Geri Ashur


Geraldine Ashur was born and raised in Jersey City, New Jersey. She attended Jersey Academy for four years in the early 1960s. A progressive private High School, many of the faculty members had been blacklisted during the earlier 1950s red-baiting era for suspected Communist leanings or membership in the party, and had been given employment by the progenitor of the school, Robert Lustgarten, a wealthy stockbroker with left-liberal leanings. Numerous faculty members, from historians and literary scholars to actively practicing and published poets, held an internationalist and cosmopolitan worldview they shared with the students, that included French Symbolist, 20th-century German and Russian poetry, Whitman and Hart Crane, European Classical music, and in particular foreign films - which included the masterpieces of the Italian neo-realists, Satyajit Ray, Fellini, Antonioni, Bergman, Andrzej Wajda and Akira Kurosawa among others, influencing Ashur and other of the students as well including her contemporary Maury Yeston. Ashur also studied painting at New York's Art Students League during that time. She graduated from Barnard College in 1968.

shur began making films with the New York Newsreel, a political collective.[1]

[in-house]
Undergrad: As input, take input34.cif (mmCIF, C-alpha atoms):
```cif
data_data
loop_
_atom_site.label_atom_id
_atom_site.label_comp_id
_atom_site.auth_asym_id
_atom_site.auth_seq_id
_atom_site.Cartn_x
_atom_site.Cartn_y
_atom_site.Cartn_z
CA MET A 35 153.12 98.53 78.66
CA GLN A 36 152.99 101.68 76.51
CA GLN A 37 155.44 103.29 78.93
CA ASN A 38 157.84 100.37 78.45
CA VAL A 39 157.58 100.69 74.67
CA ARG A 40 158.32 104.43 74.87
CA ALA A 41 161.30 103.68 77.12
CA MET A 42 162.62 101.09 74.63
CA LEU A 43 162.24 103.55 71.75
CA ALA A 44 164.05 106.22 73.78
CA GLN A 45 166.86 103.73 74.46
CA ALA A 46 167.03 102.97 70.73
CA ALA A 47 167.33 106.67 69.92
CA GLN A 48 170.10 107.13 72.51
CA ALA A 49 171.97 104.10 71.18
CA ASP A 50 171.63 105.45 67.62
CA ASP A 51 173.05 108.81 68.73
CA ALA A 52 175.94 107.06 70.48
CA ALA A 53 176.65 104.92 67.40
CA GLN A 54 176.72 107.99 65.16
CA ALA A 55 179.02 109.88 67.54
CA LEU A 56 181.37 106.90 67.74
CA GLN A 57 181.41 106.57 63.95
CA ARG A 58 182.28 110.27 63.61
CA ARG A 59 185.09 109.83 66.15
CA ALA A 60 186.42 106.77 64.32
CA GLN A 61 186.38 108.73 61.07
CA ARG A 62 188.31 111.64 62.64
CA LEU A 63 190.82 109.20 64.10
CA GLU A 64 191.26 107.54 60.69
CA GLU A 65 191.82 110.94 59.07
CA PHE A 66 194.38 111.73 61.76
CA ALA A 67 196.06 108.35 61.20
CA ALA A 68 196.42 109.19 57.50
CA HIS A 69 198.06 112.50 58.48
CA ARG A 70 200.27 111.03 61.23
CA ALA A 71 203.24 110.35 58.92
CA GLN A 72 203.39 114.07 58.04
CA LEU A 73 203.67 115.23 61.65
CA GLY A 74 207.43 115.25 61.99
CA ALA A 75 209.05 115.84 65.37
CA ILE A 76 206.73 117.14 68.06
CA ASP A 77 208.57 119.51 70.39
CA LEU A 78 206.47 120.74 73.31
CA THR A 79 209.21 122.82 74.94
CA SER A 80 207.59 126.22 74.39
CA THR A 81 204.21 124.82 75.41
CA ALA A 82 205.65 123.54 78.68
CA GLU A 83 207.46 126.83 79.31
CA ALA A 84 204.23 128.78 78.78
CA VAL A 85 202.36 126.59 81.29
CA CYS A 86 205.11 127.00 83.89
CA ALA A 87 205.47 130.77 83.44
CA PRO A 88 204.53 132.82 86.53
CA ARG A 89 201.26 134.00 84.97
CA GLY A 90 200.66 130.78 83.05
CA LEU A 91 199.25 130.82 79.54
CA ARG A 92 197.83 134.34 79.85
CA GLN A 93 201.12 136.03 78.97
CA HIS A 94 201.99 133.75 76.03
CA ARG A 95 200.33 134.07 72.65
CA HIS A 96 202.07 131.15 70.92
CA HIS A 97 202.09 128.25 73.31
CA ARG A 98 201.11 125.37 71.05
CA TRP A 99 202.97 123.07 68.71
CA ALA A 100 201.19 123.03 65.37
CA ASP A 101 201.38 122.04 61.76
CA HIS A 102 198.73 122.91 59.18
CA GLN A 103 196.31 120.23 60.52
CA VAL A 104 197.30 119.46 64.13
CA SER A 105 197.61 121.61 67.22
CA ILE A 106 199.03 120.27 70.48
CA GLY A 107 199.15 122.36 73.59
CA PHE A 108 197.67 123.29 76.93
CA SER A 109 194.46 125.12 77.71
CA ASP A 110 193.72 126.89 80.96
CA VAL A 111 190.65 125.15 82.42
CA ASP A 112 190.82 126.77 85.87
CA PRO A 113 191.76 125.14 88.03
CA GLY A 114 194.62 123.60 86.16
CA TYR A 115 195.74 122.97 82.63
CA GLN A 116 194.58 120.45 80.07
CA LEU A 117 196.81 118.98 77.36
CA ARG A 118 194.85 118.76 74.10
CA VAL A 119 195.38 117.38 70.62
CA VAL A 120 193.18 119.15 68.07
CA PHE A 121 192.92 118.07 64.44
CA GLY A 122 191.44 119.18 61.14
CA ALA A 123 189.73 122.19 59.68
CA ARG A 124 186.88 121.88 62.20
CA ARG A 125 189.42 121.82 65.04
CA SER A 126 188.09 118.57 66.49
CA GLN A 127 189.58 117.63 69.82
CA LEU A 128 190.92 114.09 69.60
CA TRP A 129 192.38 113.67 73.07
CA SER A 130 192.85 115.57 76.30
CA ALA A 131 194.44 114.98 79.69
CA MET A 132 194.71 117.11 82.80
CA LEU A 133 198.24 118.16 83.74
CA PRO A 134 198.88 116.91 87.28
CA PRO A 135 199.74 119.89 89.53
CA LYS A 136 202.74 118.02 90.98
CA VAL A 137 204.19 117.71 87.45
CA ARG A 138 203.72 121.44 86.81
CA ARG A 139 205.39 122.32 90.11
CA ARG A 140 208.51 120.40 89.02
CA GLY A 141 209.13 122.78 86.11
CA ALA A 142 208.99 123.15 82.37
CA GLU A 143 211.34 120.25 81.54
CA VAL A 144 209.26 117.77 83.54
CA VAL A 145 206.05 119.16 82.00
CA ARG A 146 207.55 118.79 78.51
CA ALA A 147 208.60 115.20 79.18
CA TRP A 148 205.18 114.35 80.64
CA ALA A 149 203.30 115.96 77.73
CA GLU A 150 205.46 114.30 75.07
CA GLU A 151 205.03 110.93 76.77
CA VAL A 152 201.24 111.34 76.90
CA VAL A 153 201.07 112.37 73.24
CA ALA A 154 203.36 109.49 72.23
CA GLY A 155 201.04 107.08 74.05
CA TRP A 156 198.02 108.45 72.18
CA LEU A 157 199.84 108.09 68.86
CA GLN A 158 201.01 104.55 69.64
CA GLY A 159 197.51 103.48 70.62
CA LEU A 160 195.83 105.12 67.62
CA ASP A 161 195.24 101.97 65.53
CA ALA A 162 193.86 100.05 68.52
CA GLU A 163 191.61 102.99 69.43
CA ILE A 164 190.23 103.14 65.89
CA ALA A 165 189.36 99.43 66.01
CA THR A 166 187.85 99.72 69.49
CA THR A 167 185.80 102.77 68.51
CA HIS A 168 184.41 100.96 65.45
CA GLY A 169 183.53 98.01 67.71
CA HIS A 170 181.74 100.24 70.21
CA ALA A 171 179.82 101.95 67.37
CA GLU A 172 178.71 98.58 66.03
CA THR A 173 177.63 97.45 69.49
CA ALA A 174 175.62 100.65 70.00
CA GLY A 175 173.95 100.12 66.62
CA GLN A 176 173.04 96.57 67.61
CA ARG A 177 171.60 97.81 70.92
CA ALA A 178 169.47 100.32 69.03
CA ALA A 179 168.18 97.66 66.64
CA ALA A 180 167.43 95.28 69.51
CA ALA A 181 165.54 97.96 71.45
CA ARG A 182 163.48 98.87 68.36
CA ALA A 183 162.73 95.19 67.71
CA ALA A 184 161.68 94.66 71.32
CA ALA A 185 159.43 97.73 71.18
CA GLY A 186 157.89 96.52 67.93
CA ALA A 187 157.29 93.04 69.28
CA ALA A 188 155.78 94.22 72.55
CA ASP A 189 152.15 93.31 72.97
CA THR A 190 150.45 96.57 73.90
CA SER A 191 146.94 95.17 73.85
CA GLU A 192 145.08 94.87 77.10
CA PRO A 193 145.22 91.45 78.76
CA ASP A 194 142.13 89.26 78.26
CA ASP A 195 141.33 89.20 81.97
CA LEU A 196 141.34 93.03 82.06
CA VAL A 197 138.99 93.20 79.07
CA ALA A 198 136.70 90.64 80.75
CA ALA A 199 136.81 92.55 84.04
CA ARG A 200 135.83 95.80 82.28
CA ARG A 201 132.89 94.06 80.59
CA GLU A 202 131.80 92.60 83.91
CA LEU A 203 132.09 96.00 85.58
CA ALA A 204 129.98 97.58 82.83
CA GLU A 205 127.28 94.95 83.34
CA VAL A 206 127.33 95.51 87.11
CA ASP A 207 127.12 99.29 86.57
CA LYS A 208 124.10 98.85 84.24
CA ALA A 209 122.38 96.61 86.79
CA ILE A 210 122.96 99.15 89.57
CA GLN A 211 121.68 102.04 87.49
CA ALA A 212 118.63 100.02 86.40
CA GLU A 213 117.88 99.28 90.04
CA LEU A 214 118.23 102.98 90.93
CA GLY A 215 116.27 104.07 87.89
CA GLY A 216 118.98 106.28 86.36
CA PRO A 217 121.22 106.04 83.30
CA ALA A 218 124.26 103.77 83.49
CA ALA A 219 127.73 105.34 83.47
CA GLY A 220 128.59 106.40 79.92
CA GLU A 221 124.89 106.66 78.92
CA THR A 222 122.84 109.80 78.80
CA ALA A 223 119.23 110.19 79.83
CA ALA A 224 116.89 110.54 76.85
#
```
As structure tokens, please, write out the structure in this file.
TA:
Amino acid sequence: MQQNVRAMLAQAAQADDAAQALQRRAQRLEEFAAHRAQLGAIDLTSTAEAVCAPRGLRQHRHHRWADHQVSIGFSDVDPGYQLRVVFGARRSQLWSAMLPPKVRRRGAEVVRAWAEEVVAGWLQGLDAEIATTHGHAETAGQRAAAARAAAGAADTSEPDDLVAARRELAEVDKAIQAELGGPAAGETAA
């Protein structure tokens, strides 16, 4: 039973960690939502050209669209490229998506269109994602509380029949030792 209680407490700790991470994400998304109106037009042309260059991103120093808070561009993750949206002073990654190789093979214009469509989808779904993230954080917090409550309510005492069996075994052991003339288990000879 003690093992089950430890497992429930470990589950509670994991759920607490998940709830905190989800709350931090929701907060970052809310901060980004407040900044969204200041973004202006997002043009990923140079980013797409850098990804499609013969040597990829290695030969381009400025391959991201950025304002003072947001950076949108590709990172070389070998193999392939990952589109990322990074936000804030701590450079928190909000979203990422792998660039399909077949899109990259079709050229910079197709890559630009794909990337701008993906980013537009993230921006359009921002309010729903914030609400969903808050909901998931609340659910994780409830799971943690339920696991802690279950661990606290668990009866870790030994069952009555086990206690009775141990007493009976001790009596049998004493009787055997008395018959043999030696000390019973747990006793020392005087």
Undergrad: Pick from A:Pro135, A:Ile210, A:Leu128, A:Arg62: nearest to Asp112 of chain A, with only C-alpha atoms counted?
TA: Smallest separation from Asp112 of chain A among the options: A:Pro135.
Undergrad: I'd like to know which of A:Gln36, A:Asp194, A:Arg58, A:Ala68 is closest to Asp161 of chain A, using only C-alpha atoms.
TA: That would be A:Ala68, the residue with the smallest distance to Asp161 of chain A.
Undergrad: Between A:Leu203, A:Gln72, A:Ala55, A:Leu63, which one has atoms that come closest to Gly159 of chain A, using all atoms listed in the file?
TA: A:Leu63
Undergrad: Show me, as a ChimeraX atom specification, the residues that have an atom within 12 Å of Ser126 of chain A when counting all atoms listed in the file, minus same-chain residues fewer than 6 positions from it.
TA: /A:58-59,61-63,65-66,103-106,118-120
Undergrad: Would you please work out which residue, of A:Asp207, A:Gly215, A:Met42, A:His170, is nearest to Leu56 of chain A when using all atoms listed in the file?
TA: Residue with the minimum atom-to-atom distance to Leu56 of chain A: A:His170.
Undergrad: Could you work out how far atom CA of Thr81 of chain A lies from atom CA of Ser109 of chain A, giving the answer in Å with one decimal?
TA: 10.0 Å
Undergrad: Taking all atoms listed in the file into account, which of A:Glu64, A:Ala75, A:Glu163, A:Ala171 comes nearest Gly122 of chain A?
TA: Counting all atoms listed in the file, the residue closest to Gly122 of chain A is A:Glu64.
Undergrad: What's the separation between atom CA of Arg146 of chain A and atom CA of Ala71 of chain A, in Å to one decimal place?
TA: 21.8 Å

From 1974 to 1982 Ashur specialized as a dubbing editor, working on such films as Ingmar Bergman's ''Autumn Sonata,'' Bernardo Bertolucci's ''1900,'' Francois Truffaut's ''The Last Metro'' and Lina Wertmüller's ''Seven Beauties.''[1]

Ashur directed the documentary Janie’s Janie (1971), which uses a more personal approach, following one woman’s journey to self-determination, or as Janie says, “First I was my father’s Janie, then I was my Charlie’s Janie, now I’m Janie’s Janie.”[2]

Ashur also directed Me and Stella (1975), a portrait of the American blues and folk musician, Elizabeth Cotten.[1]

She lived in Manhattan and died of lung cancer in 1984 at the age of 37, survived by her husband, Richard Brick, and her son, Noah.[3][1]